To Build a Bath (or Plunge Pool)
How to Keep 20 Staff Busy During Quarantine?
Guests and friends often ask us “what’s a typical day in the life of Willka T’ika” like? Well, before the COVID-19 quarantine, the answer to that question depended on which groups were in residence and what their schedule looked like. Now, with no guests allowed in any hotels in Peru until July, every day is an opportunity to create something completely different. This week we decided to build a bath, or rather a plunge pool.
Like with any business, this prolonged quarantine provides a rare opportunity to take care of all the administrative things that we never had time to do before: updating our website, making a new video, writing an operating manual, creating inventories of all our supplies. We’ve now finished these tasks and are focusing our efforts on being prepared to welcome national tourists in July and international visitors this Fall. That means implementing a whole host of new health and safety standards, and developing a detailed “SICOVID Plan” (Sistema integrado para Covid) for the Peruvian Health Ministry.
But that still leaves many hours in the day to pursue other pursuits, and unlike most hotels, we are still keeping all of our 20 staff employed. As mentioned in our last blog on Essential Oils, several of our staff are busy harvesting, preparing and distilling our therapeutic oils made from lavender, rosemary, eucalyptus, muña, and ruda. And our gardeners always have plenty to do planting, pruning, and composting. Yet that still leaves most of our kitchen, office, maintenance and housekeeping staff with too much time on their hands.
Taking a page out of my mother Carol’s playbook, I decided that we should do what our staff does best: build. However, rather than building another guest room or designing a new garden (we have seven!), I wanted to do something that would offer a new experience for our guests. Next to our medicinal herb spiral is a large bird bath that looks out onto a spectacular view of the Pumahuanca mountains. The bath was built over a small creek from hand-carved laja tile. Although it is 6 feet long it is only a few inches deep — and it is also always empty. So after reviewing its structure in detail with our maintenance staff, we came up with an exciting plan: to build a bath where our guests could sit and watch the mountains. This plunge pool would also serve as a welcome complement to the Temescal sweat lodge that we planned to set up just a few meters away. What could be better than a cold plunge after a hot sweat!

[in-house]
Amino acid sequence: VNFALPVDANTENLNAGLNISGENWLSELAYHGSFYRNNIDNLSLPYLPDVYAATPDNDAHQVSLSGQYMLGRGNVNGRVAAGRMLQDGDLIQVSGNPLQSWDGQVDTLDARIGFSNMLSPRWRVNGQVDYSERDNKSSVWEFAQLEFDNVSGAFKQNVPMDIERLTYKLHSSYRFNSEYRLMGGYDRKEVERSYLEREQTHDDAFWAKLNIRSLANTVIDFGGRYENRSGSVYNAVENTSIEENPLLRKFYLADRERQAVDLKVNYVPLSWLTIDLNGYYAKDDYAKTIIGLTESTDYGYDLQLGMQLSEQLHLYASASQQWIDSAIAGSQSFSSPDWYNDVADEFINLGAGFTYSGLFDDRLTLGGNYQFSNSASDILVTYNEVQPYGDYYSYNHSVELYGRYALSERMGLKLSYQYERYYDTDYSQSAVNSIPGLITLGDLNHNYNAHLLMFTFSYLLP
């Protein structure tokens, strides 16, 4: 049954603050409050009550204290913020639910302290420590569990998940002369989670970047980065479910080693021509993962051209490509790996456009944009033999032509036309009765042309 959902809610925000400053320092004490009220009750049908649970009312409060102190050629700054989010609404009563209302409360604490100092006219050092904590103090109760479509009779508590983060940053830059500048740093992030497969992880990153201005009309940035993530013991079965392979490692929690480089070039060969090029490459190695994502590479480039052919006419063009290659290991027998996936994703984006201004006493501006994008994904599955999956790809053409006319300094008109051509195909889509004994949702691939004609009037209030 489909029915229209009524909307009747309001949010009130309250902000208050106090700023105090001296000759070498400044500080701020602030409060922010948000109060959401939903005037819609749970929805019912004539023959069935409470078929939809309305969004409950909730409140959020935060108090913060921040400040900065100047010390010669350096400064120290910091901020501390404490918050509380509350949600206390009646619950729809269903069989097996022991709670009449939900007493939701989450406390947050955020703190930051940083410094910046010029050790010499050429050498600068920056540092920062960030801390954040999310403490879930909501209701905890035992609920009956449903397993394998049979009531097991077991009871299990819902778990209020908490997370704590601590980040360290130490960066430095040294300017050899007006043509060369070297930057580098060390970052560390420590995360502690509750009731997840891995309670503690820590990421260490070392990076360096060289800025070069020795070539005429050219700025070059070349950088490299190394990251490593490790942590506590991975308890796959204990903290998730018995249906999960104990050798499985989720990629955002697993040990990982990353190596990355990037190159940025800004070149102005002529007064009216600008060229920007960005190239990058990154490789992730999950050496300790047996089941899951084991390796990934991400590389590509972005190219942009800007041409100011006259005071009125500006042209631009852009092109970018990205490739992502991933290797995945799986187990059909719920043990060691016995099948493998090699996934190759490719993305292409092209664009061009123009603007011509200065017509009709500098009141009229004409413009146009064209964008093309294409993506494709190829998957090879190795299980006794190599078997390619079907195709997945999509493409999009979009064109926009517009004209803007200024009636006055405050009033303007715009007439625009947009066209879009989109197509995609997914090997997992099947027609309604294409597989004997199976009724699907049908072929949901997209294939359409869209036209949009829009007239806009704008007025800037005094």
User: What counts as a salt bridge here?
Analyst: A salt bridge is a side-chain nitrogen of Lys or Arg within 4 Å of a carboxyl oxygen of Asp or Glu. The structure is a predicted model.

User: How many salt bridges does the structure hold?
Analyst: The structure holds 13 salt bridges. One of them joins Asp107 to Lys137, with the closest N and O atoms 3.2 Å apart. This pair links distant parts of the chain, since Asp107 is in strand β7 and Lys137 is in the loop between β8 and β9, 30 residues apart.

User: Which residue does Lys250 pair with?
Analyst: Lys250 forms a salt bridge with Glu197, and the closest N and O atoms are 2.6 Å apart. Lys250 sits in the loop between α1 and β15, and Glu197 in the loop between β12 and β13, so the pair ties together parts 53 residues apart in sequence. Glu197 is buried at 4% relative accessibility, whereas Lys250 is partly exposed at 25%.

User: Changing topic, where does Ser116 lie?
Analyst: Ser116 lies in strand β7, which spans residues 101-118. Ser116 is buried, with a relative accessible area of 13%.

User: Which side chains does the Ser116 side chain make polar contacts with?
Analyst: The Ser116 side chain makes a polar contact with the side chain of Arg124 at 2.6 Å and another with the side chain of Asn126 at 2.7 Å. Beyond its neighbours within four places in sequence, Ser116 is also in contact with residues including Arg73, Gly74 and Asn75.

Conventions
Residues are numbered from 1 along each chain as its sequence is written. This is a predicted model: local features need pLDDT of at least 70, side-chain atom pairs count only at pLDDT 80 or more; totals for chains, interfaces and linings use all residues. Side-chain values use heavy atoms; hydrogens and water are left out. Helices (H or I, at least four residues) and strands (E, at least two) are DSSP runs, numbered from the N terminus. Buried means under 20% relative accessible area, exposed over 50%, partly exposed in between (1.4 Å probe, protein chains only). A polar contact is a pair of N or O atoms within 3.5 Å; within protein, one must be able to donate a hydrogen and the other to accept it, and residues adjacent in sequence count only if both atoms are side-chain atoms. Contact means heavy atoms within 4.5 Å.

During quarantine, it can be hard to find supplies. But due to the recent building boom, cement is still prevalent in the Sacred Valley. And the other materials: rebar, lumbar for molds, and cutting tools are all already part of Willka T’ika’s supply inventory. That just left the decorative stones that we would use to adorn the bath’s walls. Last Saturday, we took a trip to the Urubamba river and each of us carried about 10 kg of smooth river stones back home. Even Apu carried a few rocks in his orange doggie backpack. These colorful stones would serve as a perfect decoration.
This Saturday, we started work at 7AM. Once the mold was ready to pour, we needed all hands on deck to ensure that the stones were placed correctly on the sides of the walls. Fabian and Ivan instructed everyone how to place the stones and we all alternated between setting stones, mixing concrete, and hauling supplies to the work area (all while social distancing.) By lunchtime, everyone was exhausted so I wanted to make sure we had a special lunch to feed the hungry guys. I borrowed Leo’s motorcycle and after a “crash” course in how to ride it, managed to get myself to the Piscigranja Trout Farm about 15 minutes away. Normally I would ride my bike, but since everyone was famished, the motorcycle seemed appropriate. I also wanted to swing by a local Chichería that Fabian had shown me and make sure everyone’s thirst would be well quenched at the end of the day.
Mario, Tristen, and I cleaned a dozen trout and after a delicious lunch of baked fish in chinchu tomato sauce, we went back to finish the job. With everyone working together, we placed the last shiny stone at 2:30PM, giving everyone a half an hour to sip Inca Cola and a large glass of home-made chicha. After the staff left, my back was so sore, I decide that not only did I need to build a bath, but I badly needed to soak in one.